Shortly before the implementation deadline on July 30, 2020, the German government presented a draft to amend the German Posted Workers Act (German: Arbeitnehmer-Entsendegesetz – AEntG), which is intended to transform the requirements of the European Posted Worker Rule Revisions into national law.

The new regulation is intended to further promote equality between domestic and EU workers. The principle of “equal pay for equal work in the same region” shall apply.

To this end, the draft law provides, for example, that in the future, posted workers will be entitled not only to the statutory minimum wage but also to the collectively agreed wage resulting from generally binding collective agreements.

The same applies to Christmas and summer bonuses, allowances for particularly dirty or hazardous work, as well as payments in kind and overtime pay.

In addition, any allowances paid by the employer for travel, accommodation or alimentation expenses must no longer be deducted from the remuneration.

The draft also contains regulations concerning the requirements for accommodation provided – directly or indirectly – by the employer.

In the future, all working conditions effective in Germany will principally apply to employees from other EU countries after twelve months. Only in well-justified exceptional cases can a six-month extension be granted to employers upon request.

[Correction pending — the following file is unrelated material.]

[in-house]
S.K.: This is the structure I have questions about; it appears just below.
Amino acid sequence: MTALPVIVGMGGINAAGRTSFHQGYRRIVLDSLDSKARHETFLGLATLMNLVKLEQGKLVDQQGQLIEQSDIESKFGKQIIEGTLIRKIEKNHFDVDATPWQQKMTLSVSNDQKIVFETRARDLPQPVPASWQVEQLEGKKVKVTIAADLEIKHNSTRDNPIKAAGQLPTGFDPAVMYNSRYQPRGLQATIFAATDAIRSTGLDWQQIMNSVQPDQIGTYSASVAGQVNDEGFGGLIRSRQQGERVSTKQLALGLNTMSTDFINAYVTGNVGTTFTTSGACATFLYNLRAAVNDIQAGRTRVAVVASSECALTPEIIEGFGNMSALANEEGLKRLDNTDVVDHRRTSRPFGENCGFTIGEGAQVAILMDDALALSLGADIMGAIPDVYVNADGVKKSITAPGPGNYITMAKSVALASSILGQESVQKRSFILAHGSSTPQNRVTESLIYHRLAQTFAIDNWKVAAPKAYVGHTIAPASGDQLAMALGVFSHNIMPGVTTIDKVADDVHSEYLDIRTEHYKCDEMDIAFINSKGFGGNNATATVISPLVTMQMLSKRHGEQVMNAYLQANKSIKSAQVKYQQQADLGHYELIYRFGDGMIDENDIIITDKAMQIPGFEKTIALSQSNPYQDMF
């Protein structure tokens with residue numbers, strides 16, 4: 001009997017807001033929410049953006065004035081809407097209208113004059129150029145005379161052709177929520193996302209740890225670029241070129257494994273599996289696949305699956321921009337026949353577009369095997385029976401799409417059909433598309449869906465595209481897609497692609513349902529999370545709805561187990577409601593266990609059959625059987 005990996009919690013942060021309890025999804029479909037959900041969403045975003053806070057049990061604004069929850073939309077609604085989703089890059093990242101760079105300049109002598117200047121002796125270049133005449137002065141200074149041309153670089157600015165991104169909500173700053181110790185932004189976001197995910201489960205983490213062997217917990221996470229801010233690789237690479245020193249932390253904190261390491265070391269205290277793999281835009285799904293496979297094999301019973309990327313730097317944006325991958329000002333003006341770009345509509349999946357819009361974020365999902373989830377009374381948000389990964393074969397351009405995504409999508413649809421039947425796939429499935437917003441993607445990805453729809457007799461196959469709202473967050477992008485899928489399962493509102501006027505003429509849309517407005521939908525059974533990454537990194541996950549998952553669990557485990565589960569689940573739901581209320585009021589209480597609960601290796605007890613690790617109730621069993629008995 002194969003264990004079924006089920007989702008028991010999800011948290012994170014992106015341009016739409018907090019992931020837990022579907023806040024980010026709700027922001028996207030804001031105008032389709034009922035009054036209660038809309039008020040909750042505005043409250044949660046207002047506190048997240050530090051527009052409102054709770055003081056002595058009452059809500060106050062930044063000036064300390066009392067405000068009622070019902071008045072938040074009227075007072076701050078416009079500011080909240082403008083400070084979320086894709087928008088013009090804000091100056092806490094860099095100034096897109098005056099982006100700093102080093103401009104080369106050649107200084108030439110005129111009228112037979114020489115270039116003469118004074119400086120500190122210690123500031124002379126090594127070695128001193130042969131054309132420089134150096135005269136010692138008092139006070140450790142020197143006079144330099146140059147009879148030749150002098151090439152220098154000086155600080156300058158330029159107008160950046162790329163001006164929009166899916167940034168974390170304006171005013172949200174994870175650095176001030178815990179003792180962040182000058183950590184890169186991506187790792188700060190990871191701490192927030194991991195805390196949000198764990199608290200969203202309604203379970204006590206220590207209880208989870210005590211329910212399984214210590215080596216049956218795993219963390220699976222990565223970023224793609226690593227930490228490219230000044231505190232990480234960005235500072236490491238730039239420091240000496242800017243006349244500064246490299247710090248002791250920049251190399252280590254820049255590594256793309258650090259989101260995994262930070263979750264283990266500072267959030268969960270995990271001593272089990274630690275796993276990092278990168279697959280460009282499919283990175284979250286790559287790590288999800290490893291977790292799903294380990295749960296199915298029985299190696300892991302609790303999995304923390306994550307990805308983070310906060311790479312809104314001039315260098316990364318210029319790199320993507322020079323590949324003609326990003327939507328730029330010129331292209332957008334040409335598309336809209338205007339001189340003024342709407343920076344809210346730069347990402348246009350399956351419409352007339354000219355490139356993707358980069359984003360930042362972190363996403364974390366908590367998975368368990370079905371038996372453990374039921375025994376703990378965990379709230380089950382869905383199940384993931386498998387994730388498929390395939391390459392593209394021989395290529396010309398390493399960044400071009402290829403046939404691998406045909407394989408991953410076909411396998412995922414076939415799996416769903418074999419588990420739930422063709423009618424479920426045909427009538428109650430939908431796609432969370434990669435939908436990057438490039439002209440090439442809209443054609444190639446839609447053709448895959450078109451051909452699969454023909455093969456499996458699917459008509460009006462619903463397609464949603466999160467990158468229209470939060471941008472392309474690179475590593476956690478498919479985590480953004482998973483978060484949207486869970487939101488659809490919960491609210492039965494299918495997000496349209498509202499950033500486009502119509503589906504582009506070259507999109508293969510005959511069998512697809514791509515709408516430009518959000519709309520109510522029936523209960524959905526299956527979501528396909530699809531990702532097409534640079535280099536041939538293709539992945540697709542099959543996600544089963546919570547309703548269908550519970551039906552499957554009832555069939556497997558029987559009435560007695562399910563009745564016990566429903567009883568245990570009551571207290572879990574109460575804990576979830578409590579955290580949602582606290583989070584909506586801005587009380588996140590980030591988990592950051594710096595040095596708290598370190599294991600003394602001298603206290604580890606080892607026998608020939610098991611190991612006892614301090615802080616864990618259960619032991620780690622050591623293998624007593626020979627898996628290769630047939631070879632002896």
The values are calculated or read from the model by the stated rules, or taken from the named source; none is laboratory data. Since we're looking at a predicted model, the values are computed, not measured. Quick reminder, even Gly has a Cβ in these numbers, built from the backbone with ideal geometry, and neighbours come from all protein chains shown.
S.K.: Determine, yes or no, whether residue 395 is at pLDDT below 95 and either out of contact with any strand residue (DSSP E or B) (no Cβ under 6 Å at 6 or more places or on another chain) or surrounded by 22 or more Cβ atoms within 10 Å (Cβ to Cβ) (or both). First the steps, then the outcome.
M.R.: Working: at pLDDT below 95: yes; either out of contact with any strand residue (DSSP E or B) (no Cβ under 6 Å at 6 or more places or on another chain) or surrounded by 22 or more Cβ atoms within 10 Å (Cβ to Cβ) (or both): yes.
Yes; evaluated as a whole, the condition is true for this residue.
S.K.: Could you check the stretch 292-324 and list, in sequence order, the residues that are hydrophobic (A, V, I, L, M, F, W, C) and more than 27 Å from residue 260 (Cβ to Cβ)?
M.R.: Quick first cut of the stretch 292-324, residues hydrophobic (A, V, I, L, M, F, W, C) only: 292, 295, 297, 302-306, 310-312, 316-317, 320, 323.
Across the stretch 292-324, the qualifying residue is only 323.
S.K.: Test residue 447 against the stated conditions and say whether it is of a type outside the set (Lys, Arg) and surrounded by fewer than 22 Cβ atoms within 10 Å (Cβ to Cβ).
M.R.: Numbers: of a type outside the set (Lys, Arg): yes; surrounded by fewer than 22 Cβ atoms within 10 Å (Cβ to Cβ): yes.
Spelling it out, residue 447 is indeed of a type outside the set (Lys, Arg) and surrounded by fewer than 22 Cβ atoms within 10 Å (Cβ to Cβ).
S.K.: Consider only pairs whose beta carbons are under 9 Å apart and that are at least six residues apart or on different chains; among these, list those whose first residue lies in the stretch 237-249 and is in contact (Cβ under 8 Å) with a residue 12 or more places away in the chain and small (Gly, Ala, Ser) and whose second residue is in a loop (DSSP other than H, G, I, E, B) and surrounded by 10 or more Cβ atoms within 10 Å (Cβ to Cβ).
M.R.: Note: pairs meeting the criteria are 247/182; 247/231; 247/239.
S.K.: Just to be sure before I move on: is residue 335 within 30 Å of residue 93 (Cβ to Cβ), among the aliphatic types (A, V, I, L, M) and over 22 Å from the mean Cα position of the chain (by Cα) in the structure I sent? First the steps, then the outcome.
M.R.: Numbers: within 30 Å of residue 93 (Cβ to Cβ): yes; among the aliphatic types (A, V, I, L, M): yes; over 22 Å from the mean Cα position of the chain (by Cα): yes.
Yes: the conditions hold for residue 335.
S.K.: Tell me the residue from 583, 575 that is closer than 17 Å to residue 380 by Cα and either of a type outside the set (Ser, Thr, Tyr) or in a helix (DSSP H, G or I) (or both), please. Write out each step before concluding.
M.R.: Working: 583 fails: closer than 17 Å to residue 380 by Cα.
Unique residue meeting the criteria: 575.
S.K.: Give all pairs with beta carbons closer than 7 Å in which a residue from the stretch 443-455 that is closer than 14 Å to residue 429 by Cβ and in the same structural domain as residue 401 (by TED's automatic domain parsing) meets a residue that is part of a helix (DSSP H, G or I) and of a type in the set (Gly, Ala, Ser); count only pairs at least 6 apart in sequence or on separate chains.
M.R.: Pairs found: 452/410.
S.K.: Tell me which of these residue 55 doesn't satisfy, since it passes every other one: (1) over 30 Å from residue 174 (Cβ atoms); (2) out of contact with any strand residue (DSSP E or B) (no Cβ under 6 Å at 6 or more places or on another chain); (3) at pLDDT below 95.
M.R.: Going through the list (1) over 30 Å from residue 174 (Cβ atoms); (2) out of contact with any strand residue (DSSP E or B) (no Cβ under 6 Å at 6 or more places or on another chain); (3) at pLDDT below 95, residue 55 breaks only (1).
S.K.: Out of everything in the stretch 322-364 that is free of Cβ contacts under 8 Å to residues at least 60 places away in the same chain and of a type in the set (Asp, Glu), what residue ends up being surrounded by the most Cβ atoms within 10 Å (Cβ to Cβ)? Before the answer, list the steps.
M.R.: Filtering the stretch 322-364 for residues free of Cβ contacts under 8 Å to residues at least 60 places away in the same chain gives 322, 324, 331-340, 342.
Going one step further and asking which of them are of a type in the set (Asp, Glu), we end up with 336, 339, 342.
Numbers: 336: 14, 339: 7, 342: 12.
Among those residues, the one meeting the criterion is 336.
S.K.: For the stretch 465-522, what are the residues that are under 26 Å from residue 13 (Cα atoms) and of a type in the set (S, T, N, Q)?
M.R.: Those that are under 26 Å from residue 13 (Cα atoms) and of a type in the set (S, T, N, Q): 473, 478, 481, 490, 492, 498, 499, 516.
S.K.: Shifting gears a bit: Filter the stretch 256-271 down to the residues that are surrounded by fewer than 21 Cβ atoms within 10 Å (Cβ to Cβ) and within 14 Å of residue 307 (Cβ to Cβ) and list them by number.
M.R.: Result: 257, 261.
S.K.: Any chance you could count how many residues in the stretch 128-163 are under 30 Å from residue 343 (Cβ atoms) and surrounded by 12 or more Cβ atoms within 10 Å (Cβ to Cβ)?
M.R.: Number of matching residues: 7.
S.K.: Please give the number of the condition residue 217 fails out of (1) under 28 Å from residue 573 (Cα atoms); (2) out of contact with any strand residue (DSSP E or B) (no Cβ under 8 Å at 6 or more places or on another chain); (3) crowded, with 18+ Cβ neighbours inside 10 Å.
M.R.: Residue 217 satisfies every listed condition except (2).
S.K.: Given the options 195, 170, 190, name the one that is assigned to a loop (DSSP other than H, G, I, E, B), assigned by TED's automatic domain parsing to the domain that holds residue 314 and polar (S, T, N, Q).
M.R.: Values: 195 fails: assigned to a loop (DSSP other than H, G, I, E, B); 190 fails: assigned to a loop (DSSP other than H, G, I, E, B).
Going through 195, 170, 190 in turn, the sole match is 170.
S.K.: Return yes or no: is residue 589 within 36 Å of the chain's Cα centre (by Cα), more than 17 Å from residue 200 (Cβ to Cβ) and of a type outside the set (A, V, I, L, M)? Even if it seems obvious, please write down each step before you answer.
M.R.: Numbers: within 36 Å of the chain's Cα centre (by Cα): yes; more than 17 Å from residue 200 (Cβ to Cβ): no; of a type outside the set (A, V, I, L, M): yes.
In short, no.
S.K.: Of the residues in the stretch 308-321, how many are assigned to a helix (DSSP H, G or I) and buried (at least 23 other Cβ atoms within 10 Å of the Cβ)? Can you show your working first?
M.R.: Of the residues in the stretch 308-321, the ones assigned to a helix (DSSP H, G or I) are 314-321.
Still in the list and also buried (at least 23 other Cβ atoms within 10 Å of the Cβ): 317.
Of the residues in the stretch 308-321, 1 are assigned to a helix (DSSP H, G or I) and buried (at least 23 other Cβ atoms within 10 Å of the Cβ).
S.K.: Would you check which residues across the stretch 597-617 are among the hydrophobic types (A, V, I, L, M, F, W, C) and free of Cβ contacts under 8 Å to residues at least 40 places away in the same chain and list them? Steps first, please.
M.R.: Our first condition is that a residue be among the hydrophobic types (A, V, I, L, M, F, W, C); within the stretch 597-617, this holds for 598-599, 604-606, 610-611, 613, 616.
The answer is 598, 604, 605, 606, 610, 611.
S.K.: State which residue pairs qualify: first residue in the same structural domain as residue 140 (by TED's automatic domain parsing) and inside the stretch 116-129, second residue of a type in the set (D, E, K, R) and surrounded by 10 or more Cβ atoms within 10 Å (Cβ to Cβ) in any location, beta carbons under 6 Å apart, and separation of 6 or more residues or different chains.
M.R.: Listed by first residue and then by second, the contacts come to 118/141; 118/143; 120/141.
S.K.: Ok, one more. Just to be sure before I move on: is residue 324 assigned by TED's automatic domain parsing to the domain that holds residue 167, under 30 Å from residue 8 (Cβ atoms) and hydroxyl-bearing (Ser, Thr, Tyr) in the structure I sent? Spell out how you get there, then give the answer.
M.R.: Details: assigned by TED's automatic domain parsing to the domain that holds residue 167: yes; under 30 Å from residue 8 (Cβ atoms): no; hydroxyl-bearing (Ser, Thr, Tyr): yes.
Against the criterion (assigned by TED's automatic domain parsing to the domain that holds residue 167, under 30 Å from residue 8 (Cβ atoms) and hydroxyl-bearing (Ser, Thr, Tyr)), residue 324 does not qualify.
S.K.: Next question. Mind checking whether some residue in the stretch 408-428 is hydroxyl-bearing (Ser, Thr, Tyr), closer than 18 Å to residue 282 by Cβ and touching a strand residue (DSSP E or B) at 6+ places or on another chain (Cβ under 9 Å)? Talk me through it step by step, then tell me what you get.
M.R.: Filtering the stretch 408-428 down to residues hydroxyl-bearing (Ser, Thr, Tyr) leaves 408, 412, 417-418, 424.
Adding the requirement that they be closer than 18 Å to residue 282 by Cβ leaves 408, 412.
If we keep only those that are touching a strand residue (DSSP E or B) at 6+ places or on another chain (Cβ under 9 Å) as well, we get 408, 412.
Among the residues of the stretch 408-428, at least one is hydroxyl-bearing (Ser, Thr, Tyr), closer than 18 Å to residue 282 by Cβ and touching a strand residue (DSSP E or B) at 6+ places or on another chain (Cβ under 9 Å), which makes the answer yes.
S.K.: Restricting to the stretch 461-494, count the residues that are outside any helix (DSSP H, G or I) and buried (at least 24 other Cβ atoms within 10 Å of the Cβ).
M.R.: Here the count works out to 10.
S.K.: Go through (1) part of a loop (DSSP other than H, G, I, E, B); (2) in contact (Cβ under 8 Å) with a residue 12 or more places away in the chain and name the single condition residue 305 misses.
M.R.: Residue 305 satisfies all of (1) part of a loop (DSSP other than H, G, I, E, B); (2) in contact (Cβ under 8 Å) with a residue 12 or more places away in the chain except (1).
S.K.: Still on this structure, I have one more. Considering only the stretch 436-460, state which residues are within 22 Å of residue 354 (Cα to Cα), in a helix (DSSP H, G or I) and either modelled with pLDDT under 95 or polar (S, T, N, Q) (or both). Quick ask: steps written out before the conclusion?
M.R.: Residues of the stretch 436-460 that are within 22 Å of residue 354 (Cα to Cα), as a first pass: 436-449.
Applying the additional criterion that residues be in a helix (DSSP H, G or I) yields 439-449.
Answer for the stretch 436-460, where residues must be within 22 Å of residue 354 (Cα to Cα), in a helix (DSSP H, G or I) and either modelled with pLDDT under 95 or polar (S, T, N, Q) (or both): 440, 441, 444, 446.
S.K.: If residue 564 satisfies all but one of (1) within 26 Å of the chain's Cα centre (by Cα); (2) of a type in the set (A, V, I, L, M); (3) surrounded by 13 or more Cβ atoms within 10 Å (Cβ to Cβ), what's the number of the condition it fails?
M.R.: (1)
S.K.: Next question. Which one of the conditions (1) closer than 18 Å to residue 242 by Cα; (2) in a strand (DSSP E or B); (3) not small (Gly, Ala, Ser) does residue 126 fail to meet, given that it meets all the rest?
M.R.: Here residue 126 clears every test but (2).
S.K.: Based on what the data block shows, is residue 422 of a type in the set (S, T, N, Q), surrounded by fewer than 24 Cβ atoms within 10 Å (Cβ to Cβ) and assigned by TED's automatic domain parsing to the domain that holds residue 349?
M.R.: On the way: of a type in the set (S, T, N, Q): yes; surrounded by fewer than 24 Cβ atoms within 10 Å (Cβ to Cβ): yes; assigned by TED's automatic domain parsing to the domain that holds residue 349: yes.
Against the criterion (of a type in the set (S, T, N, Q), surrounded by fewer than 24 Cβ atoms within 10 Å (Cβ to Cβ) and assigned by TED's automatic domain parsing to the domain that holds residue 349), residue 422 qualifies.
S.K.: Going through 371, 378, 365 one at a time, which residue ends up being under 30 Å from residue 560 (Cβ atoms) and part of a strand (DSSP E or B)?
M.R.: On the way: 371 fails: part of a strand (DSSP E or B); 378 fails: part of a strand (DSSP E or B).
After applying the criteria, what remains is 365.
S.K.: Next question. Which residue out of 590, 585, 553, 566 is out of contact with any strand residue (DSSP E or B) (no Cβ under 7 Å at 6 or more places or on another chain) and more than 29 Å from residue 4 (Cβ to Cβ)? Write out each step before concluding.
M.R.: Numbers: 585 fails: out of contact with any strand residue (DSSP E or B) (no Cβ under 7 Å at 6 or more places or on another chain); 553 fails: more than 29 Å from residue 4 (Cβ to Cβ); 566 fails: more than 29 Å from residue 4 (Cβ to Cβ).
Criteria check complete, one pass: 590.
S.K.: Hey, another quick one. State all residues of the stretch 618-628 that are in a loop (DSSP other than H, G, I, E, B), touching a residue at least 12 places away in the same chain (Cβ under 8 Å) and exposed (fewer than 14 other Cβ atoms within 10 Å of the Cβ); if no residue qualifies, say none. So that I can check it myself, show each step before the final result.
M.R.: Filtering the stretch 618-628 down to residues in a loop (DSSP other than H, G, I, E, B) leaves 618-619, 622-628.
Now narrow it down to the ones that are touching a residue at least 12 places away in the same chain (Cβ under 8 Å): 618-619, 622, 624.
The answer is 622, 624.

The road transport sector is expressly excluded from the changes, however. A further exception is to apply to workers who are only posted for a short period of time, the limit being an uninterrupted activity of no more than 14 days and a total of no more than 30 days within a 12-month period.

The draft law of May 20, 2020 (BT-Drs. 19/19371 – German version) was first discussed in the German Parliament (Bundestag) on May 29, 2020, after which it was referred to the relevant committees.

Despite strong criticism from the opposition and the trade unions, the Bundestag approved the federal government’s draft law on June 18, 2020. The Federal Council (Bundesrat) must now approve the law passed by the Bundestag so that the new regulations will apply from July 30, 2020.



Browse More Insights

Sign up to receive emails about new developments and upcoming programs.

Sign Up Now